How to reduce your digital carbon footprint

Our digital selves pollute more than we think. Here are some quick fixes | By Alice Cruickshank

How to reduce your digital carbon footprint

Did you know that the carbon footprint of our gadgets and the internet accounts for about 3.7% of global greenhouse emissions? (That's more than air travel!)

While big tech has a lot to answer for here (we’d like to see servers powered by green energy only please, thank you), there are also changes we individuals can make to lessen our impact. From unsubscribing from pesky email newsletters to changing how often we buy new devices, here are some simple suggestions to cut down on your digital CO2 usage.

1. Buy refurbished or secondhand devices

Researchers at McMaster University have found that creating a new smartphone generates as much CO2 as using an existing smartphone for a decade. That’s because mining the rare minerals needed to power our devices represents 85% to 95% of the phone’s total CO2 emissions over two years. While it’s unlikely that you’ll hold on to your phone for a whole decade, choosing a refurbished phone over a brand new model when it’s time for a replacement will help extend the life cycle of each device and lower its carbon footprint.

What you use your phone for makes a difference too. Unsurprisingly, mobile data is the biggest CO2 guzzler, with 1GB of data using 0.3kg of CO2. A one minute call uses 0.1g of CO2, while sending a text message (SMS) produces 0.014g of CO2. Using WiFi over data where available, and texting over calling. can add up to a significant carbon saving over time.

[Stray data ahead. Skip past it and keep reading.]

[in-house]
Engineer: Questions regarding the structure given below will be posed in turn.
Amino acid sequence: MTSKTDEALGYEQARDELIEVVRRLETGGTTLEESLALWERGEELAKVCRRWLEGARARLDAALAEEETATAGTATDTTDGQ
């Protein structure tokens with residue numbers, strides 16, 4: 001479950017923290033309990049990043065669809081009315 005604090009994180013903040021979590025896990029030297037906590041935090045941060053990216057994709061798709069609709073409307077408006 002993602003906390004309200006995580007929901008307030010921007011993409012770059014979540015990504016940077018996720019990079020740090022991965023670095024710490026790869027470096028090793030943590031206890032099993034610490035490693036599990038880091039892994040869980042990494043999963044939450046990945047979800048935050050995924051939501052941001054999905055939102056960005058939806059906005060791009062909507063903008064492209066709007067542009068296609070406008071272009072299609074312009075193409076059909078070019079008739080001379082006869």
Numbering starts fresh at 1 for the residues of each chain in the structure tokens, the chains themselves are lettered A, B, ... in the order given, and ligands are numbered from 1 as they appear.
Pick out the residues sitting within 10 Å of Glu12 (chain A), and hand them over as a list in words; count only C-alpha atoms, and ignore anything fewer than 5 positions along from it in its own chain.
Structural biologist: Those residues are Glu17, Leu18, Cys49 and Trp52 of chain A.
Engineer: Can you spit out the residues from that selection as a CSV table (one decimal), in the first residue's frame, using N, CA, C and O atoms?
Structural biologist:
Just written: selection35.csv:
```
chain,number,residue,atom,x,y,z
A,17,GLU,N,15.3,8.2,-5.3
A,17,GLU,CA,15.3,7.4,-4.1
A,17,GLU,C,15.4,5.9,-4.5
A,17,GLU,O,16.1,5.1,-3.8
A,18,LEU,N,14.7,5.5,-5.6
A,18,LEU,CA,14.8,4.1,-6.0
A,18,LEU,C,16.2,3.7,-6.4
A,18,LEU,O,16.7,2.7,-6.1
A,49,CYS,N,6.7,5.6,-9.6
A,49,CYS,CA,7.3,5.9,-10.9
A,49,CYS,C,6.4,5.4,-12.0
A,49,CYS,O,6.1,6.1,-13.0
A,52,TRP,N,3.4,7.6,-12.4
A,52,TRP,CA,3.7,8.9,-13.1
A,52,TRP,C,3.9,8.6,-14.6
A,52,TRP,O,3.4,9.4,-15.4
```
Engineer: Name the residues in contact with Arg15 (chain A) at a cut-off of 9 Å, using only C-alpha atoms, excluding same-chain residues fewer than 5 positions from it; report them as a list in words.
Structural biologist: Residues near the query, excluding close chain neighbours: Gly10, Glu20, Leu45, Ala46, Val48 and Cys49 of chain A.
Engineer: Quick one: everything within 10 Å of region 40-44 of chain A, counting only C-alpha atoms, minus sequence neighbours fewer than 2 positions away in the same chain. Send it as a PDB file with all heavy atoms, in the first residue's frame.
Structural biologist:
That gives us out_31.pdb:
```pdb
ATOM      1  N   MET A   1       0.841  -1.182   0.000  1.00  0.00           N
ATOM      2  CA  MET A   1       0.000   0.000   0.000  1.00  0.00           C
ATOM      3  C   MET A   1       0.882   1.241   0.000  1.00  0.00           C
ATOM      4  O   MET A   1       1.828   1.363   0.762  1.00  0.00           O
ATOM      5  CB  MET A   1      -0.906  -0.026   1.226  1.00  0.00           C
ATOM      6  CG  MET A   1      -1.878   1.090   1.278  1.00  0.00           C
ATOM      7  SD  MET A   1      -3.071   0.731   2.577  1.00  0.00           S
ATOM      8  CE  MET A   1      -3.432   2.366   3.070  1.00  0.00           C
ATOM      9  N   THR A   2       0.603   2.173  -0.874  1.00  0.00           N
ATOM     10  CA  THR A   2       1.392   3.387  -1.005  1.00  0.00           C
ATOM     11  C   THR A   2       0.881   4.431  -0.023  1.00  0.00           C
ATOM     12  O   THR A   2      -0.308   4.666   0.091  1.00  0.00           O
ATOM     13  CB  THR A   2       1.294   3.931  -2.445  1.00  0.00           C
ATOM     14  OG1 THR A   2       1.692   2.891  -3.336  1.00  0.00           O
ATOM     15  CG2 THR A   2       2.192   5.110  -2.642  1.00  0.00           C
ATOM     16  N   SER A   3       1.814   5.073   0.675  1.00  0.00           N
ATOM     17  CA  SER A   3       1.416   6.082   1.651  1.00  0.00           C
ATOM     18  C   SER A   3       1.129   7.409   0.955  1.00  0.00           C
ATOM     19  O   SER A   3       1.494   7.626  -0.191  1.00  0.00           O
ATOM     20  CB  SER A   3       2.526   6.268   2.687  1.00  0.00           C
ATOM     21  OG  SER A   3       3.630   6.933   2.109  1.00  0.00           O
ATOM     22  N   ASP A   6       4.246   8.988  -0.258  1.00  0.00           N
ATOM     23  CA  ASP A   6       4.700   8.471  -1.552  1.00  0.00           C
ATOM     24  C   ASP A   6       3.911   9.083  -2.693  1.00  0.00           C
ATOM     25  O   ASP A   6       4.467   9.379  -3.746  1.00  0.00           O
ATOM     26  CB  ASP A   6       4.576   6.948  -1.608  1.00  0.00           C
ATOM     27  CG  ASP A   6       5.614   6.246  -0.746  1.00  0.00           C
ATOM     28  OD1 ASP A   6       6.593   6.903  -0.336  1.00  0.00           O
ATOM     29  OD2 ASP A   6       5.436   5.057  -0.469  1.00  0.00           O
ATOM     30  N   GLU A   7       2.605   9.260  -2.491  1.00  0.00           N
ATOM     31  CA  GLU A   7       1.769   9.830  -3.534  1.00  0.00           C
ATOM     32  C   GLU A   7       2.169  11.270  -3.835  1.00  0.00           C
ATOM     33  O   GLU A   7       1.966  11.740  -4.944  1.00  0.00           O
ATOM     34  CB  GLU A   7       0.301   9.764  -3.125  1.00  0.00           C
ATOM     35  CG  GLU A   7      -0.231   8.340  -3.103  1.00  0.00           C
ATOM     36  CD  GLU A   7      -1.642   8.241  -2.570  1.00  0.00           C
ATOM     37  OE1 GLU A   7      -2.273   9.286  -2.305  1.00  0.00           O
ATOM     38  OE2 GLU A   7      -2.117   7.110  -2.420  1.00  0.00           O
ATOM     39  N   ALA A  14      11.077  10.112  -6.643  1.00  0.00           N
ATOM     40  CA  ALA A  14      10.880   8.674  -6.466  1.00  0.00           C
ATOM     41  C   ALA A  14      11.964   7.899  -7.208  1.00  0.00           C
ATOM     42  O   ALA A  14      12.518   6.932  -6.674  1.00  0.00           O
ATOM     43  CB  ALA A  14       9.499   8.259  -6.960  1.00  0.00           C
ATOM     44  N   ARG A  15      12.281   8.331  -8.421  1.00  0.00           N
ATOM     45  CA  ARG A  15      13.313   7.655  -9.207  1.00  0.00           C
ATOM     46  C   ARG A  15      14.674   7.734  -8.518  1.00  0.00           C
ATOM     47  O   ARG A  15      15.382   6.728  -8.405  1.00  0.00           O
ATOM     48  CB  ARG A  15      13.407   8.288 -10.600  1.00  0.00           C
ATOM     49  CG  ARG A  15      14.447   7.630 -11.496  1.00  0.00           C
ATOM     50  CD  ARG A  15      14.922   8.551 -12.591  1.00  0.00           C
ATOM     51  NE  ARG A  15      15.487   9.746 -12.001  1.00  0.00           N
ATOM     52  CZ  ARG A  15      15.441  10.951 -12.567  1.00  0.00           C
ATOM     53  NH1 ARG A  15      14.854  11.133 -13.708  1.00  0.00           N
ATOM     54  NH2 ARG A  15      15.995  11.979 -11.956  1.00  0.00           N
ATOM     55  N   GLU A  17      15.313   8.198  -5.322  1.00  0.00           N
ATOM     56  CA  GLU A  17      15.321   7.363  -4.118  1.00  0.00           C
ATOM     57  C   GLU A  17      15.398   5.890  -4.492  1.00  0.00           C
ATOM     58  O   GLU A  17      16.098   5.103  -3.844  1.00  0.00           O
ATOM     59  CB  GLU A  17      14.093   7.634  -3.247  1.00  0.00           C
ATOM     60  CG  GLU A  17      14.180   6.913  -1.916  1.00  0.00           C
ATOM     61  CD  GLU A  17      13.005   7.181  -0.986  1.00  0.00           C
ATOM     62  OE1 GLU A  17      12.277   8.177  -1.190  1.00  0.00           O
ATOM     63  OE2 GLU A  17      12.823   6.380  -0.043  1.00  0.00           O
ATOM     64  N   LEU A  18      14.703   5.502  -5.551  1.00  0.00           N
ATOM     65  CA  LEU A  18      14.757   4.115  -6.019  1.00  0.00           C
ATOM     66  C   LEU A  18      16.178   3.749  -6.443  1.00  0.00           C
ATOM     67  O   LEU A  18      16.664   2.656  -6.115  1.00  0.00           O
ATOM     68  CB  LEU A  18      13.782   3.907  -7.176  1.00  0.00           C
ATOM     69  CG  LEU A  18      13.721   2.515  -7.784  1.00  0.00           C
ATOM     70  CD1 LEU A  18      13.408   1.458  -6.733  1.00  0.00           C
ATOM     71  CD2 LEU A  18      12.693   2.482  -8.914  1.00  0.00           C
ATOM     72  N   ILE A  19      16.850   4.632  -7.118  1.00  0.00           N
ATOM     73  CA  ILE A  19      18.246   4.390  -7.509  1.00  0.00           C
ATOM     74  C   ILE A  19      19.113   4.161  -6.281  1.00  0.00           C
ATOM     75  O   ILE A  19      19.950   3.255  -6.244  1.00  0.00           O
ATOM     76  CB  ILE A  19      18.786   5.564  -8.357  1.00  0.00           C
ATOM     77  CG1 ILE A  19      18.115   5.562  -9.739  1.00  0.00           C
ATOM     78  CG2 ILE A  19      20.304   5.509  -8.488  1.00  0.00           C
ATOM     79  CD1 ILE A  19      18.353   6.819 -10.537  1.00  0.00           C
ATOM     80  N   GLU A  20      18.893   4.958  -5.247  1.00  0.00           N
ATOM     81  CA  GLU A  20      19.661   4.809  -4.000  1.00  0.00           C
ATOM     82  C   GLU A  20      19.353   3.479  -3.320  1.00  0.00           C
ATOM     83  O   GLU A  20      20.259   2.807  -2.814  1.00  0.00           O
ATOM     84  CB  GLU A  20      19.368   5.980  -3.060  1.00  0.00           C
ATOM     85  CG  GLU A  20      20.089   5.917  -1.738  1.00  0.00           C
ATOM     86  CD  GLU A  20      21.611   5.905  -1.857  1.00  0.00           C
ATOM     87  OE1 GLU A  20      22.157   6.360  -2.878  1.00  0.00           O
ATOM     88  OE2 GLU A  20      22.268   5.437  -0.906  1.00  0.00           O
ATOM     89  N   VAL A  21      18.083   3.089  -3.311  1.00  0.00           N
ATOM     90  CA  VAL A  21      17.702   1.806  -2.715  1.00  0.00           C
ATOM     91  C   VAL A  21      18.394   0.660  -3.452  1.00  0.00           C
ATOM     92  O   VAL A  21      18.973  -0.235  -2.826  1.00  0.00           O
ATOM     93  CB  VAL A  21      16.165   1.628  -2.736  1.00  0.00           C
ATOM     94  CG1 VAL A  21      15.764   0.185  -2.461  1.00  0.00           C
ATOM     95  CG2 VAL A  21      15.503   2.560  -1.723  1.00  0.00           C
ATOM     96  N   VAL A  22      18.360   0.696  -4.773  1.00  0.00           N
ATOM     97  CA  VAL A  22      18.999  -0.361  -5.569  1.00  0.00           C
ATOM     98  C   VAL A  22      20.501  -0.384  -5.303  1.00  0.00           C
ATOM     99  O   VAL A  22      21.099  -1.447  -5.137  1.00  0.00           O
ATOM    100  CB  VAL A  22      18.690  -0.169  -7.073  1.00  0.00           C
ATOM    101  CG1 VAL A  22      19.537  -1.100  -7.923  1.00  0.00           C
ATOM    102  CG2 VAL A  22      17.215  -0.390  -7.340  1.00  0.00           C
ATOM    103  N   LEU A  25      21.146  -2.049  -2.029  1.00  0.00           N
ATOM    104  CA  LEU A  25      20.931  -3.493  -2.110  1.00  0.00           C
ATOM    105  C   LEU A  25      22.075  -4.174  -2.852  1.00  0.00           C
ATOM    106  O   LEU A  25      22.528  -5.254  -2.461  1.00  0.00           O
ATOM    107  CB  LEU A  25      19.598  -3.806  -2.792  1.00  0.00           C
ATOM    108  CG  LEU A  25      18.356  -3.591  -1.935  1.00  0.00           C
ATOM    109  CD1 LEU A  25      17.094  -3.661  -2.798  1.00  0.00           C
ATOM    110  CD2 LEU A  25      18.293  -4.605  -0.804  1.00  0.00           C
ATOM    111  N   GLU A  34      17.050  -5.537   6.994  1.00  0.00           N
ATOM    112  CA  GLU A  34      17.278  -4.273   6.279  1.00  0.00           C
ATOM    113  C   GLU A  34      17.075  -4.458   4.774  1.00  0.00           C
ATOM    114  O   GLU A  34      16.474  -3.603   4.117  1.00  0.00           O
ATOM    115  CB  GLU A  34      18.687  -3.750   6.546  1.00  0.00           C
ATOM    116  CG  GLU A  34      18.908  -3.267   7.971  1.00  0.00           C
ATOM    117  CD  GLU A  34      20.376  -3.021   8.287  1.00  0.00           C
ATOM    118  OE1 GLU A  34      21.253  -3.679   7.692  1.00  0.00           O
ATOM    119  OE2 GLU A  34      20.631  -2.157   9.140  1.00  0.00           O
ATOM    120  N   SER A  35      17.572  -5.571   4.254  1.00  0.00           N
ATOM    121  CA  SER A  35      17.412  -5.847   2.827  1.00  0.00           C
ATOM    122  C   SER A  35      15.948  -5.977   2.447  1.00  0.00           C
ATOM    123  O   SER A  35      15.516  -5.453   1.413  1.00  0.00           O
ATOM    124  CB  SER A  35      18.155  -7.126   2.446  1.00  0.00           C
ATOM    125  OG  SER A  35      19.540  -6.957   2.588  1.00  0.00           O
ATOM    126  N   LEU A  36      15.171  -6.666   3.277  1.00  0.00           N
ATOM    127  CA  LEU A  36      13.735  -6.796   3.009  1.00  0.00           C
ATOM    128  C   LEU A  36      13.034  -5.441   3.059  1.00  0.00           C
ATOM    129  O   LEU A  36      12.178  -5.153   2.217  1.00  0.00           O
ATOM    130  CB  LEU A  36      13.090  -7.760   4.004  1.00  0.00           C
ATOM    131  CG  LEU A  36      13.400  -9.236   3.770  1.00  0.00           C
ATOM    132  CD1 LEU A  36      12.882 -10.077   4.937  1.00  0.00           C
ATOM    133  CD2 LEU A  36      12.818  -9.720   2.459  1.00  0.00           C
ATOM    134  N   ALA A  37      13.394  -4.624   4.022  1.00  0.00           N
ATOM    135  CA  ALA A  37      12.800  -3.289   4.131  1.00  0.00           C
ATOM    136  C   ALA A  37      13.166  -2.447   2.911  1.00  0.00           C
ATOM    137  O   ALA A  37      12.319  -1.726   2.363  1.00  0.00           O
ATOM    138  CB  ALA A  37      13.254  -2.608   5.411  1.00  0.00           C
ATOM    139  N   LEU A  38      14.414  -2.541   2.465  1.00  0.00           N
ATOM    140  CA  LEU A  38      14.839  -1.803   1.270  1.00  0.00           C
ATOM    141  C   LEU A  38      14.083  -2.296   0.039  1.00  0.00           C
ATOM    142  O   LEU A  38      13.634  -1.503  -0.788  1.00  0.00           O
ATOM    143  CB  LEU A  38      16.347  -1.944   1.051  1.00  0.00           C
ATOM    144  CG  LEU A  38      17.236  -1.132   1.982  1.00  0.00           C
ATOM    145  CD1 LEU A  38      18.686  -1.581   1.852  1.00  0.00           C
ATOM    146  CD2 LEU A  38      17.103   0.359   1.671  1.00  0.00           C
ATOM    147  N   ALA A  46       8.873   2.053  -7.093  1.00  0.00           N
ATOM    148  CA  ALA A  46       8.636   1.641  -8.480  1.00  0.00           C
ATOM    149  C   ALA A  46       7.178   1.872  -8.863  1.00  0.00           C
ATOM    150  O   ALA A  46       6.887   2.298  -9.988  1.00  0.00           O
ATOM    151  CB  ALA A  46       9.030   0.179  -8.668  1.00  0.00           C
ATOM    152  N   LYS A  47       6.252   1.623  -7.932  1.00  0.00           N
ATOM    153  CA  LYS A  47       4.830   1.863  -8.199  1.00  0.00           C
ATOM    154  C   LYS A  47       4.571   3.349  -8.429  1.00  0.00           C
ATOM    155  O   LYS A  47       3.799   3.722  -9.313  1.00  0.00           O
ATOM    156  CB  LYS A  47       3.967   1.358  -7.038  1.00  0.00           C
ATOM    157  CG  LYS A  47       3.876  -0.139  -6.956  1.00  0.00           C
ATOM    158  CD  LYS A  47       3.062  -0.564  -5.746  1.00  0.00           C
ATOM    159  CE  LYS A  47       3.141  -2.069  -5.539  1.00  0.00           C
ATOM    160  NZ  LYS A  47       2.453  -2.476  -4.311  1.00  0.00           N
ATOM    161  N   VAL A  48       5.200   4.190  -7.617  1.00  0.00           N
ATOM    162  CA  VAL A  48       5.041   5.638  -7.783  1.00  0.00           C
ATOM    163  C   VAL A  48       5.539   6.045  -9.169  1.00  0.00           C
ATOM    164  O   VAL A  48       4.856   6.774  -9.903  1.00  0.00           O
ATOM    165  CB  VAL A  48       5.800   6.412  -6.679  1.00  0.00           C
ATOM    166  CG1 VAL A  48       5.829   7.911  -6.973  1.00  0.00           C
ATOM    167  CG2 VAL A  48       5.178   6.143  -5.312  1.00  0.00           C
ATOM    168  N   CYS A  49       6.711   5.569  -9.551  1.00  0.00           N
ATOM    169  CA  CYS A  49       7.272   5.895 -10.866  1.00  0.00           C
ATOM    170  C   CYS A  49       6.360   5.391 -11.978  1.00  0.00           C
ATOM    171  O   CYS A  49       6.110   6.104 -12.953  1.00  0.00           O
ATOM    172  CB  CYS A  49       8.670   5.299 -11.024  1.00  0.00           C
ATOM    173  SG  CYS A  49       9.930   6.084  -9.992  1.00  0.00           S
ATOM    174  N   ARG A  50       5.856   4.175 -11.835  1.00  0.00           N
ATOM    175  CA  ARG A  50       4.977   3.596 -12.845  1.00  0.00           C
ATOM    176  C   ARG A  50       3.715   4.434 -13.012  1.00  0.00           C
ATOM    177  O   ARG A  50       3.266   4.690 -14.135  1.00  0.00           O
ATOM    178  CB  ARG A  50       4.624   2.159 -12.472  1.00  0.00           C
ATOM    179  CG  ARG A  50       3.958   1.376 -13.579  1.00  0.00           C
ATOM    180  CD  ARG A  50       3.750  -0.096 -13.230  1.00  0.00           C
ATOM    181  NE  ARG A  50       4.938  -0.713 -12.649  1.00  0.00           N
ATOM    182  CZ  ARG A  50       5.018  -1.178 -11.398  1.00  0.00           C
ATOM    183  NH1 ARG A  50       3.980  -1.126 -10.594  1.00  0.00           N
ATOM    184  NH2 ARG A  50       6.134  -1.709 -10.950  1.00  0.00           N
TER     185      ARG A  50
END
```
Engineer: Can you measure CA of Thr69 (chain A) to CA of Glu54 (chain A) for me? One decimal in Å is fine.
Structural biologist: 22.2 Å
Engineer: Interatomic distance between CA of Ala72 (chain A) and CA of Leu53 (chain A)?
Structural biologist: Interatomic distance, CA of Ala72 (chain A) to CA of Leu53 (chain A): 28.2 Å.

2. De-clutter your email inbox

An overflowing inbox is more than just stressful—it’s bad for the planet. That’s because the servers needed to send, receive, and store our emails are energy-intensive. Author and environmentalist Mike Berners-Lee calculated back in 2010 that a spam email generates 0.3g CO2e (carbon dioxide equivalent), while a regular email creates closer to 4g CO2e—the footprint is bigger here as you’ll use electricity to read and respond. An email containing a large attachment, image, or .gif can create as much as 50g of CO2e.

The first step in reducing your email carbon footprint is to think whether you really need to press send. According to research from Ovo Energy, if every Brit sent one less ‘thank you’ email a day, we would save 16,433 tonnes of carbon a year, or 245kg each. Another great tactic is to unsubscribe from mailing lists you’re not interested in, so that you receive fewer emails in general.

3. Turn your computer off rather than standby mode

According to the University of Southampton, a PC with one 19" LCD screen would consume 382 Kg of CO2 per year if left on all day, every day. And while standby mode might seem like the solution, this leads to something called a ‘vampire draw’ where devices still draw in energy despite not being in use. Turning off your computer when not in use, as well as any extra hardware like printers and speakers, can dramatically reduce their energy consumption.

There are better ways to use your devices when they are on, too. Harvard Law School's energy manager found that reducing your computer monitor brightness from 100% to 70% can save up to 20% of the energy the monitor uses.

4. Change your search engine

The internet is responsible for around 1 billion tonnes of CO2e emissions each year, thanks to the mammoth servers required to power it—that’s about 2% of global emissions. The good news is that many of the big tech companies like Google we rely on every day are technically carbon neutral. The better news is that you can switch up your internet usage to be actively carbon negative by changing search engines.

Ecosia plants trees to offset its user's carbon impact, with the company stating each search removes 1 kg of CO2 from the atmosphere. Ecosia plants one tree every 50 searches, and on average, these trees will each remove 50 kg of CO2 during an expected 15 year lifetime. With the average person making between three and four searches each day, it doesn’t take long to rack up your own personal tree-planting, carbon-offsetting impact.

Article written by Alice Cruickshank (@styledbyalice)

Photo by Barez Omer on Unsplash